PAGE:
The U.S. Department of Justice may reveal portions of the memo from Deputy Attorney General Rod Rosenstein to Special Counsel Robert Mueller that detailed the scope of Mueller’s authority in his investigation of Trump campaign ties to Russian interference with the 2016 election. A heavily redacted version of the memo has already been made public, but conservative watchdog group Judicial Watch is seeking more information in a Freedom of Information Act lawsuit.
After Judicial Watch first made their request for records regarding the scope of the Mueller probe, the Justice Department refused to acknowledge whether any such memo existed. Since then, Mueller’s office released the redacted version as part of a case against former Trump campaign manager Paul Manafort. At a hearing, Judge T.S. Ellis III requested to see an unredacted version of the document. With the acknowledgment of the memo’s existence, the DOJ finally addressed it in relation to Judicial Watch’s case, according to a press release from the group.
“In light of the Special Counsel’s public acknowledgement of the August 2 memo, the government has been assessing whether the acknowledgment alters its prior response to Request No. 3 [for documents describing the scope of Mueller’s authority] of the FOIA request at issue in this suit,” the DOJ said to Judicial Watch after the hearing. They went on to say that they are “processing the August 2 memorandum to determine if it can release additional portions that have not already been filed publicly, but needs some additional time to complete these tasks.”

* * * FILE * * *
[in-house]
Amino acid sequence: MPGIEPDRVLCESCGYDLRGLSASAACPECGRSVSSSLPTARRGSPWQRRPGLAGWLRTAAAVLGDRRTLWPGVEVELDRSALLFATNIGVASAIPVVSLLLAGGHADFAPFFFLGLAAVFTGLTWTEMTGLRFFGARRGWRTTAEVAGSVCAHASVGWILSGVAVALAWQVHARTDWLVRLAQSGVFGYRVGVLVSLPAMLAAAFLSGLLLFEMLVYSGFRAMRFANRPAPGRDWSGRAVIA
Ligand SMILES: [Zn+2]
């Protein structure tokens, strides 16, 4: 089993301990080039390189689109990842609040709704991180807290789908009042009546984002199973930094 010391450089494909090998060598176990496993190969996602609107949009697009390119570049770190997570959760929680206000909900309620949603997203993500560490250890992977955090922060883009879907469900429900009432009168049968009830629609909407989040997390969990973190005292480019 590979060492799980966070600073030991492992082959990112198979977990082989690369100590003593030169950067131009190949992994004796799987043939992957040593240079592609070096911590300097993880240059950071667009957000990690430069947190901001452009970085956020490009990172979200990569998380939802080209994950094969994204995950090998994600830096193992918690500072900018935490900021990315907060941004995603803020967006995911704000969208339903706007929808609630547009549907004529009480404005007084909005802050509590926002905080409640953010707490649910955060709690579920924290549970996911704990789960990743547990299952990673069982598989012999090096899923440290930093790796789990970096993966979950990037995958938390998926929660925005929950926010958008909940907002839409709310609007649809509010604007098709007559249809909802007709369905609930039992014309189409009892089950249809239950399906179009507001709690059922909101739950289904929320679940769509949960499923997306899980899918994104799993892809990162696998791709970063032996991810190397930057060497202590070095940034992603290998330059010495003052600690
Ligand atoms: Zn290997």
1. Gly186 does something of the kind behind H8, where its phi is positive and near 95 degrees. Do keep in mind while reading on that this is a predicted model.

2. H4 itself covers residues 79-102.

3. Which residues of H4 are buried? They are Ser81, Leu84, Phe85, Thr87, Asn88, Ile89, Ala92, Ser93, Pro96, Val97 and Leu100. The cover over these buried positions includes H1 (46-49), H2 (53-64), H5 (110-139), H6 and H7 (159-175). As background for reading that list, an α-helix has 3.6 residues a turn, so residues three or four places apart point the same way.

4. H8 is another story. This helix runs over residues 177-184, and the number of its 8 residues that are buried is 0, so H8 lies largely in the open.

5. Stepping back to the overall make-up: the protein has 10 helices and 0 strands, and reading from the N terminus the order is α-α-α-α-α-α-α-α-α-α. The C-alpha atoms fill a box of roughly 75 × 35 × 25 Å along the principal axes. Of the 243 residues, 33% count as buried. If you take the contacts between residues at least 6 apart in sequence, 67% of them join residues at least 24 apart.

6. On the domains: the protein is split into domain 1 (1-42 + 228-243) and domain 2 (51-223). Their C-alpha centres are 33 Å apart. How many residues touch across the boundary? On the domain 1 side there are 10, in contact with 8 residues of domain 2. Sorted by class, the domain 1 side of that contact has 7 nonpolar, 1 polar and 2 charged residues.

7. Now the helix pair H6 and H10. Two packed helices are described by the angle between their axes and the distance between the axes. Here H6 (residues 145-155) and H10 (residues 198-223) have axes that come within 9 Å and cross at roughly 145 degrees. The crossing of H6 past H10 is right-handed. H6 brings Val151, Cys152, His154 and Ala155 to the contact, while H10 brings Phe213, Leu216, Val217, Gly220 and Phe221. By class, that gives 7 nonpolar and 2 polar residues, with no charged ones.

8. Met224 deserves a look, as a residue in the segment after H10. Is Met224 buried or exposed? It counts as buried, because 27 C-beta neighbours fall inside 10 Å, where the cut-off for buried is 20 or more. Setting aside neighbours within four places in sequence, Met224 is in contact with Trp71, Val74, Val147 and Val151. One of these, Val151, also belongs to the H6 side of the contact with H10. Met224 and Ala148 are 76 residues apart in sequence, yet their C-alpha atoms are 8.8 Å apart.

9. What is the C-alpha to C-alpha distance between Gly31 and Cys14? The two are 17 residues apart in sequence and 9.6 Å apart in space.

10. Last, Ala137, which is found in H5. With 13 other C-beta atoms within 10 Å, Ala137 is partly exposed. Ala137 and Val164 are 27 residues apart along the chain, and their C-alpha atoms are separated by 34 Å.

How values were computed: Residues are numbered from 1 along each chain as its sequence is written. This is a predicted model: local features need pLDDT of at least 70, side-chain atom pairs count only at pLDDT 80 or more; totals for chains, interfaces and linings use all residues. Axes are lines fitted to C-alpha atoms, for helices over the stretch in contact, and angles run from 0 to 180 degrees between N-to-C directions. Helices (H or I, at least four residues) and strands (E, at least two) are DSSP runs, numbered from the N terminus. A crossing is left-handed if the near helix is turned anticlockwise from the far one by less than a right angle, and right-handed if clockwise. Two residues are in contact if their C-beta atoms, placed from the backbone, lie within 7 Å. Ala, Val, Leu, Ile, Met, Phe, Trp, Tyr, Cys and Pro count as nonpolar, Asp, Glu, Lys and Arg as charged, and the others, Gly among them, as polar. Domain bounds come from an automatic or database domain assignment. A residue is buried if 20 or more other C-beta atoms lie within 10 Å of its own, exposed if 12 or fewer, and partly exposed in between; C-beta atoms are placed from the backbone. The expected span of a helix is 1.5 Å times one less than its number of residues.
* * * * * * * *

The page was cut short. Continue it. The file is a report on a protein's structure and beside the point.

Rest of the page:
It remains to be seen how much–if any–of the previously redacted part of the memo will be disclosed, but Judicial Watch president Tom Fitton was glad to see the Justice Department taking action to look into it.
“We are pleased, especially after Judge Ellis’s hearing, that our lawsuit is causing the Justice Department to rethink its cover-up of the ‘scope memo’ for Mueller,” Fitton said in a statement. “Judicial Watch has never before seen this level of secrecy and cover-up surrounding the operation of a special or independent counsel.”
The Rosenstein memo was first disclosed after Manafort claimed that Mueller exceeded the scope of his authority when he indicted Manafort on charges that had nothing to do with the Trump campaign, and were based on alleged activities from years earlier. Mueller revealed that the original appointment order was left vague to protect sensitive information, and that the memo was used to address the specifics of the investigation. Unredacted portions of the memo showed that Manafort’s business activities in Ukraine were indeed within the scope of the investigation. The memo has still been criticized, as it was dated August 2, 2017, days after federal authorities raided Manafort’s home.
[Image via MSNBC screengrab]
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